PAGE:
Sleep paralysis is nothing you should be scared of. However, it can be quite terrifying when your half-asleep mind convinces you that the hallucinations are real. If sleep paralysis is a problem for you, fear not! Plenty of doctors and psychologists can offer ways to lessen the likelihood of experiencing the phenomenon at all. There are also several known ways to stop sleep paralysis while you are experiencing it, many of which are available on the internet. However, don’t be fooled by websites that claim sleep paralysis is the result of anything other than a completely natural mind-body function.

About Mariele Ventrice

I am a writer, reader, and expert napper. Sometimes, I sleep with the lights on.

Comments

  1. Anony,ous says:

    Believe it or not sleep paralyisis is a demonic attack.

  2. Matthew Proctor says:

    I’m not so sure it’s a demonic attack. I’ve experienced sleep paralysis more than a few times myself and it just feels like I’m conscious with my eyes open and seeing my own bedroom but still sleeping and misinterpreting the information as if it were a dream. I’ve actually experienced the phenomenon enough to know when it’s happening and to force myself to wake up from it before the real trauma starts. I also know that it runs in the family, because both my Mother and my brother have experienced similar events in their sleep on multiple occasions.

    Sleep and dreams are funny things though. There’s a lot of folk lore related to sleep paralysis. Some people think it’s demons, as you say Anony,ous (nice name by the way), others think it’s alien abduction, some say ghosts or spirits, but there’s a lot of scientific evidence to support what Mariele talks about in this article. There’s nothing more at play than a trick of the human mind.

    The mind can do remarkable things, there doesn’t have to be any super natural occurrence or other worldly presence to make it fascinating or miraculous. Science is awesome, even when it’s just the plain old run of the mill natural world.

    If you have a sleep paralysis story you’d like to share with us, please feel free to tell us about it in the comments for Scary Sleep Paralysis Stories. No matter what you believe sleep paralysis is (hallucinations, demons, or otherwise) it’s still interesting to hear about people’s experiences with it.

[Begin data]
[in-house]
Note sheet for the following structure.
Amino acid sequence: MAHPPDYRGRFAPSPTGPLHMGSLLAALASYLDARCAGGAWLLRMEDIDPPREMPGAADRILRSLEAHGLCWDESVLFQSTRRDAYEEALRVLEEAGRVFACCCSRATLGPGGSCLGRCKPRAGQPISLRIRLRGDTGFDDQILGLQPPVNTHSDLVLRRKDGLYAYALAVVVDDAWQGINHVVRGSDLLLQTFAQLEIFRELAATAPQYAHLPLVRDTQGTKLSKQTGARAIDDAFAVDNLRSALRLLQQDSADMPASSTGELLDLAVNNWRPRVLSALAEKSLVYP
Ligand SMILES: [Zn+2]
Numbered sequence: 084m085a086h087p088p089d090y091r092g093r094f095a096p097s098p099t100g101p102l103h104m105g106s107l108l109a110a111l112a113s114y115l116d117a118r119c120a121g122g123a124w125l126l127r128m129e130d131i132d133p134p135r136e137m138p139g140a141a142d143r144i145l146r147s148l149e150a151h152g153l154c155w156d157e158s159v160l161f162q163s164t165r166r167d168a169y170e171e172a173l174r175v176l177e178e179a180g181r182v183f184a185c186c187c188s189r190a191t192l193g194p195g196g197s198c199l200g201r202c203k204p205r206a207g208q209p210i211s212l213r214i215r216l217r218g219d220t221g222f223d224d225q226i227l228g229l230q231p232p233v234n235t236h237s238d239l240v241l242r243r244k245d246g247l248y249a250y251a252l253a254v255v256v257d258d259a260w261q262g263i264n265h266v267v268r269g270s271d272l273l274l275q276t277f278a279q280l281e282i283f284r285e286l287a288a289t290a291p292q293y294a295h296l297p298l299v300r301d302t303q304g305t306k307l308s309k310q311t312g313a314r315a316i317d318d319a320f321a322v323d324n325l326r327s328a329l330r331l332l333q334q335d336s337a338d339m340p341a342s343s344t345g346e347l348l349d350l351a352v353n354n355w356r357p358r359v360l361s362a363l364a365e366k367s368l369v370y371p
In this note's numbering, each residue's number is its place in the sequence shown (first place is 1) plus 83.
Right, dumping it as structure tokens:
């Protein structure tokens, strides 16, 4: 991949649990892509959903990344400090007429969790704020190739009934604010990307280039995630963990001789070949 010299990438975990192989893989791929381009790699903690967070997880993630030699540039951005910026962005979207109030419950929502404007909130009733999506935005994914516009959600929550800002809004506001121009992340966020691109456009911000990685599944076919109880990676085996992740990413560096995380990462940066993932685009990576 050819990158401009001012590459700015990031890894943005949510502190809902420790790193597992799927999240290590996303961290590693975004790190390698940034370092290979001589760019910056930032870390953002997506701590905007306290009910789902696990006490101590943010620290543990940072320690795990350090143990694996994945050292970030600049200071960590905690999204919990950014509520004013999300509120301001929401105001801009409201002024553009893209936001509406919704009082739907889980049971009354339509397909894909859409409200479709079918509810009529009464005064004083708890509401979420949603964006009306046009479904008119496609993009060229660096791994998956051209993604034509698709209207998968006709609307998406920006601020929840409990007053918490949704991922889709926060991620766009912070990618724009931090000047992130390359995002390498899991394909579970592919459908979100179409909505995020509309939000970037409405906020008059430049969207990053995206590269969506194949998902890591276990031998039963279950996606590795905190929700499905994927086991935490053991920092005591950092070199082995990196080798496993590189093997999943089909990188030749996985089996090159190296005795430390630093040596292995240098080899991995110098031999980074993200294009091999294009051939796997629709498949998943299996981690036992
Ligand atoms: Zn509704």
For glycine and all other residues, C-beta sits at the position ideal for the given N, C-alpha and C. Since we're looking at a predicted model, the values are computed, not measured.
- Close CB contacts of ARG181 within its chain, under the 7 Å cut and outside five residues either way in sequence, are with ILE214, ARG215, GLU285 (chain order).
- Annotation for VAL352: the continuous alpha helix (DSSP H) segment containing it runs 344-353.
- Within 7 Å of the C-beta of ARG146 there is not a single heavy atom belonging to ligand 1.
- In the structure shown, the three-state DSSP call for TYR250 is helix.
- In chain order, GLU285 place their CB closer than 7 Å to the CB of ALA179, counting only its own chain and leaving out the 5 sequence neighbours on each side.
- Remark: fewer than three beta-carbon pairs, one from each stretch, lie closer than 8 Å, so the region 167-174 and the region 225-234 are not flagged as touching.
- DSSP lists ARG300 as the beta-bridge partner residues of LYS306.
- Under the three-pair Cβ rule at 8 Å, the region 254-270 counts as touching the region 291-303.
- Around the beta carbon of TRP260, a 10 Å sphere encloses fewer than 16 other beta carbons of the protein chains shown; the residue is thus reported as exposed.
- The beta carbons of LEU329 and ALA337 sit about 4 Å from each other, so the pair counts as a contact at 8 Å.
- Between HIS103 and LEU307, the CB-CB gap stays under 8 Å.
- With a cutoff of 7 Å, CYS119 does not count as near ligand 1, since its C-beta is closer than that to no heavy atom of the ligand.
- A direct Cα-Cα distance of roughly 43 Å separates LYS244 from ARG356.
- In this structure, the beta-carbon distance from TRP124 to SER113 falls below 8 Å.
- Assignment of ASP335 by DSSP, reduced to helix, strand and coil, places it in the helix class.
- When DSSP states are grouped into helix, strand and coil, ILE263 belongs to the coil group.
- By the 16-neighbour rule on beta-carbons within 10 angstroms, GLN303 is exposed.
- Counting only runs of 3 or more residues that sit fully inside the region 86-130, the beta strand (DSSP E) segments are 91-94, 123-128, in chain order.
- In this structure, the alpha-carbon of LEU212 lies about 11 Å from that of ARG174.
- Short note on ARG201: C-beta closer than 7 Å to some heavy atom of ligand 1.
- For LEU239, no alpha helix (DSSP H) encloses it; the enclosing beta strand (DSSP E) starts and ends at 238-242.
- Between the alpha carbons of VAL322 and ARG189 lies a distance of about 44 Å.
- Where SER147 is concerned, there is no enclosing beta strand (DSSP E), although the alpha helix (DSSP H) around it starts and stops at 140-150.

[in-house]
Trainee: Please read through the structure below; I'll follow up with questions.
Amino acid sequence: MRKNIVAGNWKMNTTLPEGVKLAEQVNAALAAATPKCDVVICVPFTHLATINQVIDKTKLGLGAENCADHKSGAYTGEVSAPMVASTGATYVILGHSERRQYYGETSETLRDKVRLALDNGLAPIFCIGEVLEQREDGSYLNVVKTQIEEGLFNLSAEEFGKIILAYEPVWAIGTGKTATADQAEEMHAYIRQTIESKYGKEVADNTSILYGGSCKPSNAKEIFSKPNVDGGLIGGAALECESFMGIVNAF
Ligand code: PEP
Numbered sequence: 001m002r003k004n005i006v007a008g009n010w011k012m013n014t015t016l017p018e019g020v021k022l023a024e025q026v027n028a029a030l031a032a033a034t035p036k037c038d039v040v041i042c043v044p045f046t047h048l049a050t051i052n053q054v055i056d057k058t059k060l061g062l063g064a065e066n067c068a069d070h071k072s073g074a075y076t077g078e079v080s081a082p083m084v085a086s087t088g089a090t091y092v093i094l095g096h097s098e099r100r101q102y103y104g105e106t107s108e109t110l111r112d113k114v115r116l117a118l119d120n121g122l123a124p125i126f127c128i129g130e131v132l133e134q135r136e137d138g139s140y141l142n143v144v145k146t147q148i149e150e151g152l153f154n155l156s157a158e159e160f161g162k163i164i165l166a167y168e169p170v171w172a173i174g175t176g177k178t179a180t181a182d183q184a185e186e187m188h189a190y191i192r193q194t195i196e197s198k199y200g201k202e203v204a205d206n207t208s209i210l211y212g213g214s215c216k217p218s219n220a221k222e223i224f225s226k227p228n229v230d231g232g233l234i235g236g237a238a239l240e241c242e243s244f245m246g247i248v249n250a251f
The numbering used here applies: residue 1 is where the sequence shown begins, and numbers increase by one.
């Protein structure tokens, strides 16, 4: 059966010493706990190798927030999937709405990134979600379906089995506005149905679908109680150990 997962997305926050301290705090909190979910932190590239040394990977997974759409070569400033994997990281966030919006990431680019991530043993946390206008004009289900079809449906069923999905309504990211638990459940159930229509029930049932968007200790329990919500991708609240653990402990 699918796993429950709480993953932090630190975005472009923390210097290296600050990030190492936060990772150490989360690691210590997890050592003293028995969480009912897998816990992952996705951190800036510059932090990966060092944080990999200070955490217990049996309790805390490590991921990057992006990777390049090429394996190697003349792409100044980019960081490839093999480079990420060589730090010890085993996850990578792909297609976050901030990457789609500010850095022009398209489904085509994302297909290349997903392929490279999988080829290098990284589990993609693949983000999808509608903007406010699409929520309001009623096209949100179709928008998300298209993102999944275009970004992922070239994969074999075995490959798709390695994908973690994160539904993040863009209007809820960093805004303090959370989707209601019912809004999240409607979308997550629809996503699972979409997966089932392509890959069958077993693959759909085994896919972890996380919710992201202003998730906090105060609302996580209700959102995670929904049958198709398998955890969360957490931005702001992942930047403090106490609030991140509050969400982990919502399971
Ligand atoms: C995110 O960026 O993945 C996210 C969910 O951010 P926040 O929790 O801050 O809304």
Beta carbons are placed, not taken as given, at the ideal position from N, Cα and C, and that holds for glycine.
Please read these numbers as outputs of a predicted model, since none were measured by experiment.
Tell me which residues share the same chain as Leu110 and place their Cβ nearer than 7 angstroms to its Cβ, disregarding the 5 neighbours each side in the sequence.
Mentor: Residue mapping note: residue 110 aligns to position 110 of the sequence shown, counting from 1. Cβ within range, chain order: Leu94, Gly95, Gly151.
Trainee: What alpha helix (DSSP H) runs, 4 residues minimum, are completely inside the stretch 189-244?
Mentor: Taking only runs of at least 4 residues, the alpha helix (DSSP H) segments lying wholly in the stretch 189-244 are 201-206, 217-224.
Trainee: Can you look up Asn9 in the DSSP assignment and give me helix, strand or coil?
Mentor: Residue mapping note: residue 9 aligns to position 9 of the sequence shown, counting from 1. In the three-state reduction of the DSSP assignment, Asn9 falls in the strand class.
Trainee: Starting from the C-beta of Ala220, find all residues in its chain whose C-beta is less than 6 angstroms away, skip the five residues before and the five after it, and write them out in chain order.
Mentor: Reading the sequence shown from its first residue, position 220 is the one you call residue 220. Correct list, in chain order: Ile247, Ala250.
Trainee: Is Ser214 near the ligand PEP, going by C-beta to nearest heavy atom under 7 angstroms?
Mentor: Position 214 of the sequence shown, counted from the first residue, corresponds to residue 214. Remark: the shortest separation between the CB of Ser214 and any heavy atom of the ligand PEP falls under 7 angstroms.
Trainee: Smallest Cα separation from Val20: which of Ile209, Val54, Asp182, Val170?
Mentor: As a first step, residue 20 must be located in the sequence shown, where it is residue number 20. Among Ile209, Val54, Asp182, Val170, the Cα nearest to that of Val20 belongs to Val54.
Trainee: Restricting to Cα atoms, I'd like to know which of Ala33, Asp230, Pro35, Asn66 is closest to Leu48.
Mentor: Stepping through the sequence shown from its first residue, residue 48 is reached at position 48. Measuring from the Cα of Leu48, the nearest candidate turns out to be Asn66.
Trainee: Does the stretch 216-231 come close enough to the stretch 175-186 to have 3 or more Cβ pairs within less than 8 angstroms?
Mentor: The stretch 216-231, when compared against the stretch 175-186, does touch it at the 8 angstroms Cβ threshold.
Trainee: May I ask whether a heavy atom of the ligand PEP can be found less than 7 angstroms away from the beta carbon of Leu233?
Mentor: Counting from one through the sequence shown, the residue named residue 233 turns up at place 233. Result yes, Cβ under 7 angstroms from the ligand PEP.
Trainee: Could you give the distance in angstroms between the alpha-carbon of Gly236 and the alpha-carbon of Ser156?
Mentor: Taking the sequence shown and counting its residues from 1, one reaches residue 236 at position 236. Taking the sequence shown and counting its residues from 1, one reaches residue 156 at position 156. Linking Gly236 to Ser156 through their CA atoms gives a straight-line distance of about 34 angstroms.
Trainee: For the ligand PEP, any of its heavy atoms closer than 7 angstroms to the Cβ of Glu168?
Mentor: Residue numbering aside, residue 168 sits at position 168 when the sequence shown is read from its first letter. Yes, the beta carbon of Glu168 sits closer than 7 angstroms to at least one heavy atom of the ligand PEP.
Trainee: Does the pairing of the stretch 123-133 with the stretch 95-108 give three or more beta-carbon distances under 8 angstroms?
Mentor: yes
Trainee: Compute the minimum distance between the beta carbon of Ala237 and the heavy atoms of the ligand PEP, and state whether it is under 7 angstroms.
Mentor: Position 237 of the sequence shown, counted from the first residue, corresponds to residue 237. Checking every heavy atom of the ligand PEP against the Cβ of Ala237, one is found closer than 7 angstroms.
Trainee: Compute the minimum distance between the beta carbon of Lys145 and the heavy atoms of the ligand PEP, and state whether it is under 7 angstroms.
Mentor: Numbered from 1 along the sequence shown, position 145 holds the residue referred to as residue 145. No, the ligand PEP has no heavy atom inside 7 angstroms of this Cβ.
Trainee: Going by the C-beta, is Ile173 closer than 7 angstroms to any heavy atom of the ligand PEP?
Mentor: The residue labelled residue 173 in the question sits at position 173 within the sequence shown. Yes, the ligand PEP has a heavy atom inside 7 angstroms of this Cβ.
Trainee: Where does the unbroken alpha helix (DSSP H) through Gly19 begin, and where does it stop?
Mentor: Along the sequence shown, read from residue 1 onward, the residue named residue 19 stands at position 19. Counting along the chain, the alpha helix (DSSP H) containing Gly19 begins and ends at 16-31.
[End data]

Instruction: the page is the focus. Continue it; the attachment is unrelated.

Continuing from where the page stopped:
• Paul McFadden says:

      I found out that I have Sleep Paralysis, and it sucks. Sometimes I don’t go to sleep.

      • Matthew Proctor says:

        Sleep paralysis does suck but I wouldn’t avoid going to sleep because of it. The more irregular your sleep schedule the more likely you are to experience sleep paralysis when you do end up going to sleep. The best thing you can do is try to go to sleep at the same time every night and get a full 8 hours of sleep.

        Here are a few things that I’ve found cause sleep paralysis in me, maybe you’re doing some of them:

        1. If I eat soon before going to bed. I think the process of digesting food while i’m sleeping causes me to sleep uneasy and that brings on sleep paralysis. I try not to eat within an hour of going to sleep.

        2. Noise pollution: if there’s some noise pollution in your bedroom you want to try and get rid of it. I noticed that stuff like a cat scratching at the door, a car alarm going off, or even the whir of an air conditioner can trigger sleep paralysis because it wakes me up just enough to wake my mind and not my body.

        3. Don’t watch anything frightening right before bed and don’t go to sleep angry. If you’re doing something stressful, like watching the Exorcist, before you go to bed your body is going to be tense and it’s harder to sleep soundly. Try to do calming things before going to sleep.

        Anyway, I hope that helps. We’ve got a bunch of other sleep paralysis articles here: Sleep Paralysis Articles. You might find more tips in them.

  3. I have been experiencing sleep paralysis for the past 12 months. At first it only happened once every 6-8 weeks. Now it happens 2-3 times per week, with some episodes being comprised of 3-4 attacks per night. Mostly the attacks occur upon waking, but they can also occur during the middle of the night. I find this much more distressing as it makes me too scared to go back to sleep, especially as I will often have another 1-2 episodes within 15-30 minutes of falling back to sleep.